In the play "The Crucible" by Arthur Miller,
Miller displays how easily people can be fooled by the
innocence of youth. He also exposes the gullibility of
common people, even people such as Danforth and
Hathorne, who play the role of the "wise" judges. A single
Abigail scares the younger part of the society into
of the society, see only her innocence and truthfulness.
respected and feared by most of the townspeople. Proctor
makes a foolish mistake when he has an affair with Abigail.
Later on he regrets having this affair, and he wants Abigail to
go, she wants him to decide between his wife, Elizabeth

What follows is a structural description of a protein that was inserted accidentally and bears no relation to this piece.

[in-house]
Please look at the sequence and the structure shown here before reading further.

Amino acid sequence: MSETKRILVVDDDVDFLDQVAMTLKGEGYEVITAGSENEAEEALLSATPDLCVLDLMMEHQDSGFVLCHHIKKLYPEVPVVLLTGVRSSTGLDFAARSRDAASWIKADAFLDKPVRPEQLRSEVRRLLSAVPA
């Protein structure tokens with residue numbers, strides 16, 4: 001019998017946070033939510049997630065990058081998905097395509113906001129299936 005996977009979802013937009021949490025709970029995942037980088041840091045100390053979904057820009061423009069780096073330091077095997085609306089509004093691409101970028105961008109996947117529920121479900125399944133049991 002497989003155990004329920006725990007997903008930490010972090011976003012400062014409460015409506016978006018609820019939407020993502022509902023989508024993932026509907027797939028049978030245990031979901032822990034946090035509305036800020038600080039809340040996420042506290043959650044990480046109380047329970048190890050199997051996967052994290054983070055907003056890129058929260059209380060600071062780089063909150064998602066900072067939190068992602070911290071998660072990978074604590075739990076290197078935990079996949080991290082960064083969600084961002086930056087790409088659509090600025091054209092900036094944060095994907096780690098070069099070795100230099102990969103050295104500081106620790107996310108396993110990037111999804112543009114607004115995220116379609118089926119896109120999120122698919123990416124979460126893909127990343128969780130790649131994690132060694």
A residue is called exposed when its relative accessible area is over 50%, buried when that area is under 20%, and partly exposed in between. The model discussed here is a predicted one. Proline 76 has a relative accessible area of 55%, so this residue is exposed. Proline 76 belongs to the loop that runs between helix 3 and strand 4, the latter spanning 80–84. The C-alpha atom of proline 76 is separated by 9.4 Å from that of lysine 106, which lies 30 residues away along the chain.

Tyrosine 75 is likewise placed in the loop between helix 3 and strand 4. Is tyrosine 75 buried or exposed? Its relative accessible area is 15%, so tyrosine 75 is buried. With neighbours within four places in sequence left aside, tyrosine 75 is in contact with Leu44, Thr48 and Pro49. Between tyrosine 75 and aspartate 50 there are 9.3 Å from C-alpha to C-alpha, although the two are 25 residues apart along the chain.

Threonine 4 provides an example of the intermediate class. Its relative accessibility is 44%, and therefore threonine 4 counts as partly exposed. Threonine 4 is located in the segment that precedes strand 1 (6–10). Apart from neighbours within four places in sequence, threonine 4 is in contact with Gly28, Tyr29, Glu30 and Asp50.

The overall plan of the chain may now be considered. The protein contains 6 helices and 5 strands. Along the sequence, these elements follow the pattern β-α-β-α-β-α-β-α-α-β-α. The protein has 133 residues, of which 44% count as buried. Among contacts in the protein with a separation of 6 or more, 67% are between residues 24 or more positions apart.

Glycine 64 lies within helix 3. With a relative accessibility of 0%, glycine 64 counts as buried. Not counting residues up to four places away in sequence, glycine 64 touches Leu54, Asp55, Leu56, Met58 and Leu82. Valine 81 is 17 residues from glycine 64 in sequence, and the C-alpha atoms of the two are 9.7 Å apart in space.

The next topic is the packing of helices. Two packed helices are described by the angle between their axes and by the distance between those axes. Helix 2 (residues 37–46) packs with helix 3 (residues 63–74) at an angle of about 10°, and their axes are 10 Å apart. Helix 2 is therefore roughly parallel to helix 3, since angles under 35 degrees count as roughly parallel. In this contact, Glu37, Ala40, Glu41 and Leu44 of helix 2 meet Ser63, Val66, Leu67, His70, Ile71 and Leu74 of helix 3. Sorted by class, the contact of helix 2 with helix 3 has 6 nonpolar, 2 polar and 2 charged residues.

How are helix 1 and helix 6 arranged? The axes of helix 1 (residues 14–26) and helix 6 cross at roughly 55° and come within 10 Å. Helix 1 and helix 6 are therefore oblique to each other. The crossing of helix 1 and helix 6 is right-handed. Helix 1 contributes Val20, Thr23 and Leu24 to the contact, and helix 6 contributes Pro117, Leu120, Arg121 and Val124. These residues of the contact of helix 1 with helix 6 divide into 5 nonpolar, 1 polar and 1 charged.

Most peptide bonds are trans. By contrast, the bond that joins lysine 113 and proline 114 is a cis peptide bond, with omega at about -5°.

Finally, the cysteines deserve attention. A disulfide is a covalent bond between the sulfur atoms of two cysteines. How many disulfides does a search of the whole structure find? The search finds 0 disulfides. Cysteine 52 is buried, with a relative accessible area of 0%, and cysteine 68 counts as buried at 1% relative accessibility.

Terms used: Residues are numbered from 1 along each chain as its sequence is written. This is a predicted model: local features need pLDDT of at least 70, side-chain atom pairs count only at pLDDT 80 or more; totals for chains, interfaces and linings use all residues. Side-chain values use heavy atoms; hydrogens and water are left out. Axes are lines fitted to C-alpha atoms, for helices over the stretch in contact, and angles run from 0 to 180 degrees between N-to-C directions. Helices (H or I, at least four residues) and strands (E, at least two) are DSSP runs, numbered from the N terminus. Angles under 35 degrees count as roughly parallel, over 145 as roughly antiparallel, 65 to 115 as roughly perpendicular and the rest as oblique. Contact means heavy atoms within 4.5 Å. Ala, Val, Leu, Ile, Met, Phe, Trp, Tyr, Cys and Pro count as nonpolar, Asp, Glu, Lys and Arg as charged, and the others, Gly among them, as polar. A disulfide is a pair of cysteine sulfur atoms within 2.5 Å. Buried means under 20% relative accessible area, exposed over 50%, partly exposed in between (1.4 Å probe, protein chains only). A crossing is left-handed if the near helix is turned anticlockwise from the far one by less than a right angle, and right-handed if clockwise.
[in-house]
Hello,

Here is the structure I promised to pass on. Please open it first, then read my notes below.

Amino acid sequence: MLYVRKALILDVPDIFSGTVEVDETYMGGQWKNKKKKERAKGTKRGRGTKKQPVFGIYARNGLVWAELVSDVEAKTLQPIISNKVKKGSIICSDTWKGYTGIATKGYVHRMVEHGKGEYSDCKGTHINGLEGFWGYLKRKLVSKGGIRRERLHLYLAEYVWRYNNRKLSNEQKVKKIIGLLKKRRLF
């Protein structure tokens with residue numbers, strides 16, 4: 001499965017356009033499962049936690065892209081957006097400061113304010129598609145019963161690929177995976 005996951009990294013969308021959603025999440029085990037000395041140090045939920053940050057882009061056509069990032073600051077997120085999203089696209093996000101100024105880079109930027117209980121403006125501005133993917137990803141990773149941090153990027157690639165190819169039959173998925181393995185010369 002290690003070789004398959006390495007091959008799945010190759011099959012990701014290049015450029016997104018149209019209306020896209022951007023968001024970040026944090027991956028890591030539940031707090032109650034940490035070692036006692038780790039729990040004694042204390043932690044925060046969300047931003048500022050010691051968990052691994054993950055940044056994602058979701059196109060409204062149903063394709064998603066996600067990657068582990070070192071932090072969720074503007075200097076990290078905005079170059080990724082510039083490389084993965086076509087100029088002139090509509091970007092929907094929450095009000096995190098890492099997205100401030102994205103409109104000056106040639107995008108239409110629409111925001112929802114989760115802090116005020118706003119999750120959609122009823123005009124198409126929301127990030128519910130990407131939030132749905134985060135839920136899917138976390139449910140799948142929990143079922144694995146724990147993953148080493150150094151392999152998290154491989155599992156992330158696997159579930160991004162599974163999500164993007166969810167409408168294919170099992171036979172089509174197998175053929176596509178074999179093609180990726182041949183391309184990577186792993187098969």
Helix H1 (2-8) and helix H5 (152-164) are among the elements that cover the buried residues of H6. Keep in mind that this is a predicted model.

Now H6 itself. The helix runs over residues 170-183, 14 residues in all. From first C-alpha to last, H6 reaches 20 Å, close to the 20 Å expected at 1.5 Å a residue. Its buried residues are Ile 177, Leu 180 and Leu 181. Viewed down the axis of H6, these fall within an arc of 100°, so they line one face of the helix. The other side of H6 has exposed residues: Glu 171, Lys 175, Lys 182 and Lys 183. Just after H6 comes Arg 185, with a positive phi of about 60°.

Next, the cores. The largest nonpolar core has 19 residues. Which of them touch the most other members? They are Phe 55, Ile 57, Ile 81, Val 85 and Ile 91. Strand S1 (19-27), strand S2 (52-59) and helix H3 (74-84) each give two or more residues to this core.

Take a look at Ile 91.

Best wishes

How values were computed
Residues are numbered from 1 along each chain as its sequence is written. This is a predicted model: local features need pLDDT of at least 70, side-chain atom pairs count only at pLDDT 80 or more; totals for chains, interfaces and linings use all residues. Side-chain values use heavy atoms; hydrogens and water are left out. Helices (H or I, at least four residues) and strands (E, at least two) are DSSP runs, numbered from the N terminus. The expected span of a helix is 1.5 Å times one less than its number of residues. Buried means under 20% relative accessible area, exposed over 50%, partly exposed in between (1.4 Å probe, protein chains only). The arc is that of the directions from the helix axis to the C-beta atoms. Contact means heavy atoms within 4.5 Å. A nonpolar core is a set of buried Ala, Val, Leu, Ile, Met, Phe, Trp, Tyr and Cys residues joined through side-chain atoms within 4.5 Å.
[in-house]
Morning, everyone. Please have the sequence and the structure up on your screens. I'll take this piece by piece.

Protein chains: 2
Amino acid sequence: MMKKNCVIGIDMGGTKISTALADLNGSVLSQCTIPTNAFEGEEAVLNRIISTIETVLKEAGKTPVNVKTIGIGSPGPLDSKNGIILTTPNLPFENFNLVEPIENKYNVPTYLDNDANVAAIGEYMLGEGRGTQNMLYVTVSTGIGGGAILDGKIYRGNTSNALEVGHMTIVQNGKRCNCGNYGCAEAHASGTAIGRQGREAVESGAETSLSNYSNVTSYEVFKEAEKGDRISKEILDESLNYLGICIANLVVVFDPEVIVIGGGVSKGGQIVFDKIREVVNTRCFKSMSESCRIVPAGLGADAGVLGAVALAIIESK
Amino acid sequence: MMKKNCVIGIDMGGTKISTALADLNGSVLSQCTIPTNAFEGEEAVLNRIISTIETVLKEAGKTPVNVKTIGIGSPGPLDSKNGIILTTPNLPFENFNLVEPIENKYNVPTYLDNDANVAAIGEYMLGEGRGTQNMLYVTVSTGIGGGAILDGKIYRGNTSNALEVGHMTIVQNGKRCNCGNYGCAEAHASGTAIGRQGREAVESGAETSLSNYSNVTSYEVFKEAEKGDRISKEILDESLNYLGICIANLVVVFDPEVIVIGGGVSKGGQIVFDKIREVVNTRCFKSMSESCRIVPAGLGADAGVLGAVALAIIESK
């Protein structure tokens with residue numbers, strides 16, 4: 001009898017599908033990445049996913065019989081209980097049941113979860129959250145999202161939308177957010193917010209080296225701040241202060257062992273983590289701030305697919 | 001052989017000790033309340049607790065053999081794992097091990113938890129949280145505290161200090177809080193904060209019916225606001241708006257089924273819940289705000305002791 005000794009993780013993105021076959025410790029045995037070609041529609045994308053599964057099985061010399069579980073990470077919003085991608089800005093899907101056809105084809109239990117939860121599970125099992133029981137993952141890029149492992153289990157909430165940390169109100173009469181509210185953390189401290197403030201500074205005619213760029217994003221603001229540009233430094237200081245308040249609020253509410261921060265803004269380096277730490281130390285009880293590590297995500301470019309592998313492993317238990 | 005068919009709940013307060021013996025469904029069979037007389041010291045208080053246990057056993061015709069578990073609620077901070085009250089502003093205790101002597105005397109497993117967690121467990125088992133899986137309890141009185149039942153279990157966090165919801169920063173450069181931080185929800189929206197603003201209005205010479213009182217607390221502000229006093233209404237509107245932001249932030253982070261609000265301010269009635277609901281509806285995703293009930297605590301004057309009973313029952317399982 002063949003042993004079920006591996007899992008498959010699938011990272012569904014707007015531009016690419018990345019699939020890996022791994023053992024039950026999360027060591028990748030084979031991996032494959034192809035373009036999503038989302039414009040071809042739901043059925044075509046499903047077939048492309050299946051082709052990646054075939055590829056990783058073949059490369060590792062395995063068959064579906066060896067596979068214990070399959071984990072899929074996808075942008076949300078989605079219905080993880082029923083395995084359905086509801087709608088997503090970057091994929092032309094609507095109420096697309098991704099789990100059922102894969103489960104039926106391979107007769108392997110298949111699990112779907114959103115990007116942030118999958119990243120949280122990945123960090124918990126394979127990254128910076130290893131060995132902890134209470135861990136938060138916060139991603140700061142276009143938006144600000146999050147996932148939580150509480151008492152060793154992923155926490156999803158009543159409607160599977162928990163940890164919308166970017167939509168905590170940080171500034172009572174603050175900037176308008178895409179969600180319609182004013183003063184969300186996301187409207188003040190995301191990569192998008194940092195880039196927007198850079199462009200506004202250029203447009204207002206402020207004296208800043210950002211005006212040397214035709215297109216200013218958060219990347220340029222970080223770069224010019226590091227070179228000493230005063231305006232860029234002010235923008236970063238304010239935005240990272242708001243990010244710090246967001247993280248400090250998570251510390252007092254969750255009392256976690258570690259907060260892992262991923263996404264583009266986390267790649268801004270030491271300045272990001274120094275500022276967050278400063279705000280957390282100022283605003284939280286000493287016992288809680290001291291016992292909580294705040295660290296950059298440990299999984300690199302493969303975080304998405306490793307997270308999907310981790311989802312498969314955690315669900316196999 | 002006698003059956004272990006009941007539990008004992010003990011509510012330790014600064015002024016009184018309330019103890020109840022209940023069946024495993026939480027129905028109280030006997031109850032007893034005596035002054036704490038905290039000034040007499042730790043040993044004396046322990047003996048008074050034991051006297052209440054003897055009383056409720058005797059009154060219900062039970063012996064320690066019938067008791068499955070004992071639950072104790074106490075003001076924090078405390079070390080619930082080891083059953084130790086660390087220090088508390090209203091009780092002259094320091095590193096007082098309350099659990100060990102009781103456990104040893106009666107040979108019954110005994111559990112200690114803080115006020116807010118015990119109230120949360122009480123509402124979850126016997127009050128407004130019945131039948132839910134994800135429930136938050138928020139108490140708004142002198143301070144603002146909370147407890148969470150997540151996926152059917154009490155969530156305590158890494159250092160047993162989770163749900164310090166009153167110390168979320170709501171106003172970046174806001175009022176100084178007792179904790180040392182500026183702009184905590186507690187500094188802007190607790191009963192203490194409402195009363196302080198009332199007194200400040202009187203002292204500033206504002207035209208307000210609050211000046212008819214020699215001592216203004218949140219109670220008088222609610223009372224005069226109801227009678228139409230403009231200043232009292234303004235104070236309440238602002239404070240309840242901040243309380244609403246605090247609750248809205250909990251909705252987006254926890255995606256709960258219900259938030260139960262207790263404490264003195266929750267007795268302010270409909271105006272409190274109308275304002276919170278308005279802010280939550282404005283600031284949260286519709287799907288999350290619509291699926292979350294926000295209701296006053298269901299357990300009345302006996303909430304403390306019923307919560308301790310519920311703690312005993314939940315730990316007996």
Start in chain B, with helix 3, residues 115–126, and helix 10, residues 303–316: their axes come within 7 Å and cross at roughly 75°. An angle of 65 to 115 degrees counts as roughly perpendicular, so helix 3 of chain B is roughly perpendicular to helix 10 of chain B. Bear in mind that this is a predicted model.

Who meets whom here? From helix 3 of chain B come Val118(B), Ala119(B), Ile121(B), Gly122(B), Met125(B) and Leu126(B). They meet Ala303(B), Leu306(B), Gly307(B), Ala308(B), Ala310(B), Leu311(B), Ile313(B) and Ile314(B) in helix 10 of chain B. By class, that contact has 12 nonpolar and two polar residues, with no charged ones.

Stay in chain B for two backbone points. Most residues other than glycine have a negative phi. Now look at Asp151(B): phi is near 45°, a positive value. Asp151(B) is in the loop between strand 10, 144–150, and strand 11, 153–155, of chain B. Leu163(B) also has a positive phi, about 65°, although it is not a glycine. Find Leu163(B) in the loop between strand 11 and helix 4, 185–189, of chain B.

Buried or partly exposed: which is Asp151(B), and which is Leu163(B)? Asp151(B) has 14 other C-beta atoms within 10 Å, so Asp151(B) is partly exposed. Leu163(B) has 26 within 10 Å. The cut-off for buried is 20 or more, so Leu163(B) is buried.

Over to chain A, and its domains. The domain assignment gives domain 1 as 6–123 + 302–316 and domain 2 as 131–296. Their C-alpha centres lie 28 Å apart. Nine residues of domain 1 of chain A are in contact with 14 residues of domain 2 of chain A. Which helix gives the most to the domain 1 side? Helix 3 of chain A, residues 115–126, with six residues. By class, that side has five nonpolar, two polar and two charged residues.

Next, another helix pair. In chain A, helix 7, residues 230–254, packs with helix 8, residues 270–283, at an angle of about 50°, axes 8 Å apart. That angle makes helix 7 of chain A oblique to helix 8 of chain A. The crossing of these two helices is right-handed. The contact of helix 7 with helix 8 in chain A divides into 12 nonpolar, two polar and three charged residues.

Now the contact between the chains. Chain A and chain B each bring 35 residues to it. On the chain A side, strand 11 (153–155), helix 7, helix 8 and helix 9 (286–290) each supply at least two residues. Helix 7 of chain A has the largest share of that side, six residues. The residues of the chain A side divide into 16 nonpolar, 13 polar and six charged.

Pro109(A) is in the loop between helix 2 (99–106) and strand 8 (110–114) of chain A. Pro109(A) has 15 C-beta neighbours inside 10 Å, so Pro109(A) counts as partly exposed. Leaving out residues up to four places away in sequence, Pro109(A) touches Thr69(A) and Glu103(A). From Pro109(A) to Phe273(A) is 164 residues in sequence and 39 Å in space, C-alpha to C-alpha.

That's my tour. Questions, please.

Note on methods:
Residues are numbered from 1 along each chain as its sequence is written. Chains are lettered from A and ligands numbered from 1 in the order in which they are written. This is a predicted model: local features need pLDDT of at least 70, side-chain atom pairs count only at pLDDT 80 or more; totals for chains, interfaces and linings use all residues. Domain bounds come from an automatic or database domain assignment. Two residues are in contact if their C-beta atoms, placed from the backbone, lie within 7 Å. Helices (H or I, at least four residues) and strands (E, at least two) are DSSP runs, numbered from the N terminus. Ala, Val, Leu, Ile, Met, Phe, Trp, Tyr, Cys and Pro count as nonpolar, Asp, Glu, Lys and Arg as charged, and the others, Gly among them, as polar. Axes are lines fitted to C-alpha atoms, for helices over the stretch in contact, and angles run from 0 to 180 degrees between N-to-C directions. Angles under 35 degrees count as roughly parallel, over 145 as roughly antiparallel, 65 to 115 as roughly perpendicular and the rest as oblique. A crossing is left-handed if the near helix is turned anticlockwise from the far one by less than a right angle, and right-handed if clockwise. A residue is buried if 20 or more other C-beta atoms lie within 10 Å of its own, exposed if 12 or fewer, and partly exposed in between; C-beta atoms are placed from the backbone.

Proctor or her, Abigail. Abigail is deprived of attention and
killed when she was younger, and her uncle, Reverend
Parris, does not pay very much attention to her. She
attempts to give people the impression that she is a very
what she is really like and wants to have nothing to do with
her. In Act One she says, "I saw Indians smash my dear
you had never seen the sun go down." From this we get the
impression that she might be a little bit mentally disturbed.
The way that she acts in front of John Proctor reveals that
she is not as sure of herself as she would like us to believe.
Mary Warren decides to confess to the fact that they are all
lying, and that she never saw any spirits. In front Abigail,
however, she breaks down and returns to her side. When
is told that she has stolen her uncle’s money and left the
town. Despite this fact Judge Danforth does not think ill of it.
Judge Danforth feels so secure in his position that he will not
accept the fact that he can be wrong. During the trial
Danforth is completely sure that he